We’re in denial: We get wake-up calls from many thought-leaders like Klein. But our brains are wired to ignore them, clouded by over-optimism. Humans talk a good game, our leaders may sign well-intentioned agreements to reduce carbon emissions. But as Gallup polls confirm: Global warming simply is not a major national issue for 76% of Americans.
None of this is new: America had a huge wake-up call well over a decade ago at the launch of the Iraq War. In the “Pentagon’s Weather Nightmare” Fortune analyzed a de-classified George Bush Defense Department report on global warming and climate change, one that echoes the Capt. Picard’s life as Kamin.
Pentagon Warns: “By 2020 Warfare Will Define All Life on Earth!”
Yes, our own Pentagon predicted global climate wars were dead ahead, coming long before 2050, some way they have already begun accelerating. Listen to the warriors: “The climate could change radically, and fast. That would be the mother of all national security issues … massive droughts, turning farmland into dust bowls and forests to ashes … by 2020 there is little doubt that something drastic is happening, an old pattern could emerge—with warfare defining human life.”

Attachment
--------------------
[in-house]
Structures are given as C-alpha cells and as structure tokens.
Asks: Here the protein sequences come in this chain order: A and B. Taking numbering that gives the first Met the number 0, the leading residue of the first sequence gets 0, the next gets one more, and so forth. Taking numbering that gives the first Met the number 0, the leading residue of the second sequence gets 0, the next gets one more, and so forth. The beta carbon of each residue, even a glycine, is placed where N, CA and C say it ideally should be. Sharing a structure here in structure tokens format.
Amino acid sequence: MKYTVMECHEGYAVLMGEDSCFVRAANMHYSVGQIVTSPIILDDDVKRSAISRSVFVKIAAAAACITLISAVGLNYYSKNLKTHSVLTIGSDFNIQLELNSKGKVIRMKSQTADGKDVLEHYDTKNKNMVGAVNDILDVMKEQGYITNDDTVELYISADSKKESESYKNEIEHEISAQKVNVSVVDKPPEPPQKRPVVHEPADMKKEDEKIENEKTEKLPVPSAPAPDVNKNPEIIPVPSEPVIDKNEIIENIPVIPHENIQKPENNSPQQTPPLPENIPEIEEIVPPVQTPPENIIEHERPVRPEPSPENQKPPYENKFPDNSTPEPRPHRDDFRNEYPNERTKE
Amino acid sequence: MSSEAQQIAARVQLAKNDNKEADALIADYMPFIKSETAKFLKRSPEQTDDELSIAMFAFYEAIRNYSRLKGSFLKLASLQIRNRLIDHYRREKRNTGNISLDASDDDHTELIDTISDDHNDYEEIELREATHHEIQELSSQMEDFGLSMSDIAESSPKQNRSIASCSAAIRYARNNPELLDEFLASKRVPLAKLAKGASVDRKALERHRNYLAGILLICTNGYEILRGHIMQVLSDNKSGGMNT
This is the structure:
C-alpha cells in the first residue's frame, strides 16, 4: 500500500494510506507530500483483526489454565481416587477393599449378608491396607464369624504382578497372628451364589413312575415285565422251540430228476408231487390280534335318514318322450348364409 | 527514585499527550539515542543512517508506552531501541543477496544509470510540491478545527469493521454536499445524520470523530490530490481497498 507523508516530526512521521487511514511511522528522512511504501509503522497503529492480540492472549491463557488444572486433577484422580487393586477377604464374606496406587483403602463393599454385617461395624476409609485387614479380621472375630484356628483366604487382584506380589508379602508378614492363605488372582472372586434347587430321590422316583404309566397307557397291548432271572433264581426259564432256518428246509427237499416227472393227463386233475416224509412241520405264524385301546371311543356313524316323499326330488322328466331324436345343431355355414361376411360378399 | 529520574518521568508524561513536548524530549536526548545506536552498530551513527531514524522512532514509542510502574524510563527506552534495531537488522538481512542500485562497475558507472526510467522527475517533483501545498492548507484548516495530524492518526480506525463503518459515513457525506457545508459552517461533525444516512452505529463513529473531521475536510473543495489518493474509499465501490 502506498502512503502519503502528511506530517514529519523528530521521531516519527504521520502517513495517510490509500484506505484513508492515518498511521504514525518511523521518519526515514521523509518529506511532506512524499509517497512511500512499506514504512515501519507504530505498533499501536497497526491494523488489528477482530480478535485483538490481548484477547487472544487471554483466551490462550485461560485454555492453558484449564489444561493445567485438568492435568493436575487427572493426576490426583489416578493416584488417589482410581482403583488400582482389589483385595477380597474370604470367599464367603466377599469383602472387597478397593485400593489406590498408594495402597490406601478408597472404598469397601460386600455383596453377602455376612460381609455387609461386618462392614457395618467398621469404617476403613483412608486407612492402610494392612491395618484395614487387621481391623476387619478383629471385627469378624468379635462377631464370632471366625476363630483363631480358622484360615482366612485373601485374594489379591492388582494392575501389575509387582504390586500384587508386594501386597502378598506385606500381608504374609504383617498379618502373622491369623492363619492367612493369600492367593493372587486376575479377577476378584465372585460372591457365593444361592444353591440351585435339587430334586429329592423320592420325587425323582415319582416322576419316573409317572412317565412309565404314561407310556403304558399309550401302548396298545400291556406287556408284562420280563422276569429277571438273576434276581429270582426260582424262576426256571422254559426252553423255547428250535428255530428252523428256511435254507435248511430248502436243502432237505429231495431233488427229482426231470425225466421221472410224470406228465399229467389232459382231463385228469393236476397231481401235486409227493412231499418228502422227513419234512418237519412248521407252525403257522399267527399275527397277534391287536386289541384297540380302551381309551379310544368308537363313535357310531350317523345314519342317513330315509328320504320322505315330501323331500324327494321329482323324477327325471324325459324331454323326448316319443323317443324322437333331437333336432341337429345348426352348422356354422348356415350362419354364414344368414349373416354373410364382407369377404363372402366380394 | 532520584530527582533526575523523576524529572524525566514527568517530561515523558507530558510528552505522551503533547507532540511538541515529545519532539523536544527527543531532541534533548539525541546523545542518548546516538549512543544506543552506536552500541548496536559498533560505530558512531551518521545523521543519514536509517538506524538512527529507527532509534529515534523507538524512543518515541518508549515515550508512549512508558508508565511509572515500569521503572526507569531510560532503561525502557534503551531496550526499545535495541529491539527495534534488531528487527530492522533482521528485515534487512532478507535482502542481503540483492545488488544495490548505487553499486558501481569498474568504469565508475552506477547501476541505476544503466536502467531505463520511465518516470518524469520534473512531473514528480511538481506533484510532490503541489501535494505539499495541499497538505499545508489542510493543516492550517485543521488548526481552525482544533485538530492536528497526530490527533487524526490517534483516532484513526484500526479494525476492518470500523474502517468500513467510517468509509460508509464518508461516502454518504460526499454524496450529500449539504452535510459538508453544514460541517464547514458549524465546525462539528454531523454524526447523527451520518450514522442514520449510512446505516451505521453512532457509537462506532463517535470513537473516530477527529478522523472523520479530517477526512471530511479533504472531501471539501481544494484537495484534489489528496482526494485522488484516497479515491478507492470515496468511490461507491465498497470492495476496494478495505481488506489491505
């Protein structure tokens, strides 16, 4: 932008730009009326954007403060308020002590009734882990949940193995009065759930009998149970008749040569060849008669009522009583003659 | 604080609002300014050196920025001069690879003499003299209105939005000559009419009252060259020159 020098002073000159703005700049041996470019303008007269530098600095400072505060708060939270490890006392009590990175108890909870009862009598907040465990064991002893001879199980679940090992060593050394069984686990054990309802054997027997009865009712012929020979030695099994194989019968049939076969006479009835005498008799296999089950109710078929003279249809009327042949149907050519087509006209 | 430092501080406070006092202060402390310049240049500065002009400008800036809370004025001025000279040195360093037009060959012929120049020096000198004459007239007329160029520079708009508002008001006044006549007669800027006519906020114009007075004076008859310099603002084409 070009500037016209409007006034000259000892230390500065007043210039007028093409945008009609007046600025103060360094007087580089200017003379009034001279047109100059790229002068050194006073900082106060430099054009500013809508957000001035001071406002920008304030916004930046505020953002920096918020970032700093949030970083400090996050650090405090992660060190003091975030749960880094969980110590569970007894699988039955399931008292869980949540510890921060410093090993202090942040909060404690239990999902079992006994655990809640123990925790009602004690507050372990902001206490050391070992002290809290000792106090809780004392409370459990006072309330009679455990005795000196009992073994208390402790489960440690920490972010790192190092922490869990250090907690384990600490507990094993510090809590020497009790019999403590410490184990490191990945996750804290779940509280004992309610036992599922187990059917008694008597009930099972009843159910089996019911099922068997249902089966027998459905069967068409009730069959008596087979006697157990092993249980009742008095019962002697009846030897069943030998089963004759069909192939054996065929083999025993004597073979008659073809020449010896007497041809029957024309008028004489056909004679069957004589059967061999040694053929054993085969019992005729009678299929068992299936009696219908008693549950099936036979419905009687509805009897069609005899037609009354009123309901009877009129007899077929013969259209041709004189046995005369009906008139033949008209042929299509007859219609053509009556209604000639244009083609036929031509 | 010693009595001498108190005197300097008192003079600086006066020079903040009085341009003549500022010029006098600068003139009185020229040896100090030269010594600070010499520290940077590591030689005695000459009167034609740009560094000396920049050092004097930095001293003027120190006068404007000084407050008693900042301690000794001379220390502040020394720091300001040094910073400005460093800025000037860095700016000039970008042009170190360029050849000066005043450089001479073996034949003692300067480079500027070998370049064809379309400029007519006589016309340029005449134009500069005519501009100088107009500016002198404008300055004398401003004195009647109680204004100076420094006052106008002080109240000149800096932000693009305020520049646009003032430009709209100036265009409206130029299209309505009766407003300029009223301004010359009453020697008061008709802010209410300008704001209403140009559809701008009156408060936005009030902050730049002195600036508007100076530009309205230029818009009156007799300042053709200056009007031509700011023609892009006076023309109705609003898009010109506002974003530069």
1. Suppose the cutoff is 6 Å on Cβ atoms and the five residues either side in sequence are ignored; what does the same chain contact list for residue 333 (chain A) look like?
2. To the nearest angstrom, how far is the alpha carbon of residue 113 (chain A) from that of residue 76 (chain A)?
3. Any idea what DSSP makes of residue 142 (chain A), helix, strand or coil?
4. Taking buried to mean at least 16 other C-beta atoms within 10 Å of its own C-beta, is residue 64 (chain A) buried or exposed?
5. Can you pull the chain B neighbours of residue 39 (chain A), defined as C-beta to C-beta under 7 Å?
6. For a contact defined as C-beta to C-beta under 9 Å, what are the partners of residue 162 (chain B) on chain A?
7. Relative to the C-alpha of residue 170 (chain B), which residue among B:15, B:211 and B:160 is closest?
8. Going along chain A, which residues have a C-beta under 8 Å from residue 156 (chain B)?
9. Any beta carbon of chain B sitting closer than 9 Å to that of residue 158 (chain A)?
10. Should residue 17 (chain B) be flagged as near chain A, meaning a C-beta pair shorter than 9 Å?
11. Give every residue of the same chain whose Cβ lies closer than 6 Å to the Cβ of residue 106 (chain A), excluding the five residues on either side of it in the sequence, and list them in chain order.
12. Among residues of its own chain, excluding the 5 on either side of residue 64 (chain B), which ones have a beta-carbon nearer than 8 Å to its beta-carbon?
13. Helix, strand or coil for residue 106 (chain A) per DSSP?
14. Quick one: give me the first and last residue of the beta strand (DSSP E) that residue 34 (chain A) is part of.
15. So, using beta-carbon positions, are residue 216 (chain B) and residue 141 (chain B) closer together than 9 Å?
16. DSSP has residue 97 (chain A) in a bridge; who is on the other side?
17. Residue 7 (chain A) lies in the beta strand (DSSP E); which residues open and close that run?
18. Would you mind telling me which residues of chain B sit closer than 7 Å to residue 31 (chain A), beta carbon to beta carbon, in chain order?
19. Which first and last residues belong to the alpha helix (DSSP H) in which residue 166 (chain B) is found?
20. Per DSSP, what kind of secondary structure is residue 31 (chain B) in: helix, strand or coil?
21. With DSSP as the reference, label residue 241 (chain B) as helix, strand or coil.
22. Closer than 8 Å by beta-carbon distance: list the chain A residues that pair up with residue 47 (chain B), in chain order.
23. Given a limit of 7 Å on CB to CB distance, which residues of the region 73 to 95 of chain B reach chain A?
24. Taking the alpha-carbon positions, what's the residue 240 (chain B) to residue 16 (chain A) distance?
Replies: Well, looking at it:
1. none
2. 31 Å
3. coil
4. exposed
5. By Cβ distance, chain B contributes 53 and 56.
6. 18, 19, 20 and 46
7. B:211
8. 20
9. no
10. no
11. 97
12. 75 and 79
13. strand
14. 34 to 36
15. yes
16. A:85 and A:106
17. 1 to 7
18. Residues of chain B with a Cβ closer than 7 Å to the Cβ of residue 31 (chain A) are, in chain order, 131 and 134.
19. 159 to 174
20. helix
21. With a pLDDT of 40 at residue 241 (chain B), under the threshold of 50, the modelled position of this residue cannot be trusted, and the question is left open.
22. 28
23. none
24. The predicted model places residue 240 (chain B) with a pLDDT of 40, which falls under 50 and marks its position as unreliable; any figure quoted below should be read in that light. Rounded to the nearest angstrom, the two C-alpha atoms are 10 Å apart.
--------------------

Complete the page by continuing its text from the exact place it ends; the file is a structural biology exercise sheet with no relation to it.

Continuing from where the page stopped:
That was America’s war commanders on climate change back in 2003. They saw the future. Too many people, too few resources, too much competition, and the clock was ticking loudly. With 2020 dead ahead. Yes, we have been warned. So many, many times. Even by our war machine. But America just keeps digging, deeper and deeper, into our collective denial. We get wake-up calls. We ignore them. Nothing new, we prefer denying reality.
Are we “boldly going” anywhere? Should America launch its own time-capsule probe. Now? In 2020? Wait till 2050, although by then it may be too late to do anything about anything, let alone waste precious remaining resources on a time capsule probe and rocket … especially since our scientists have discovered no evidence of any intelligent life anywhere in our vast universe the last 13.7 billion years.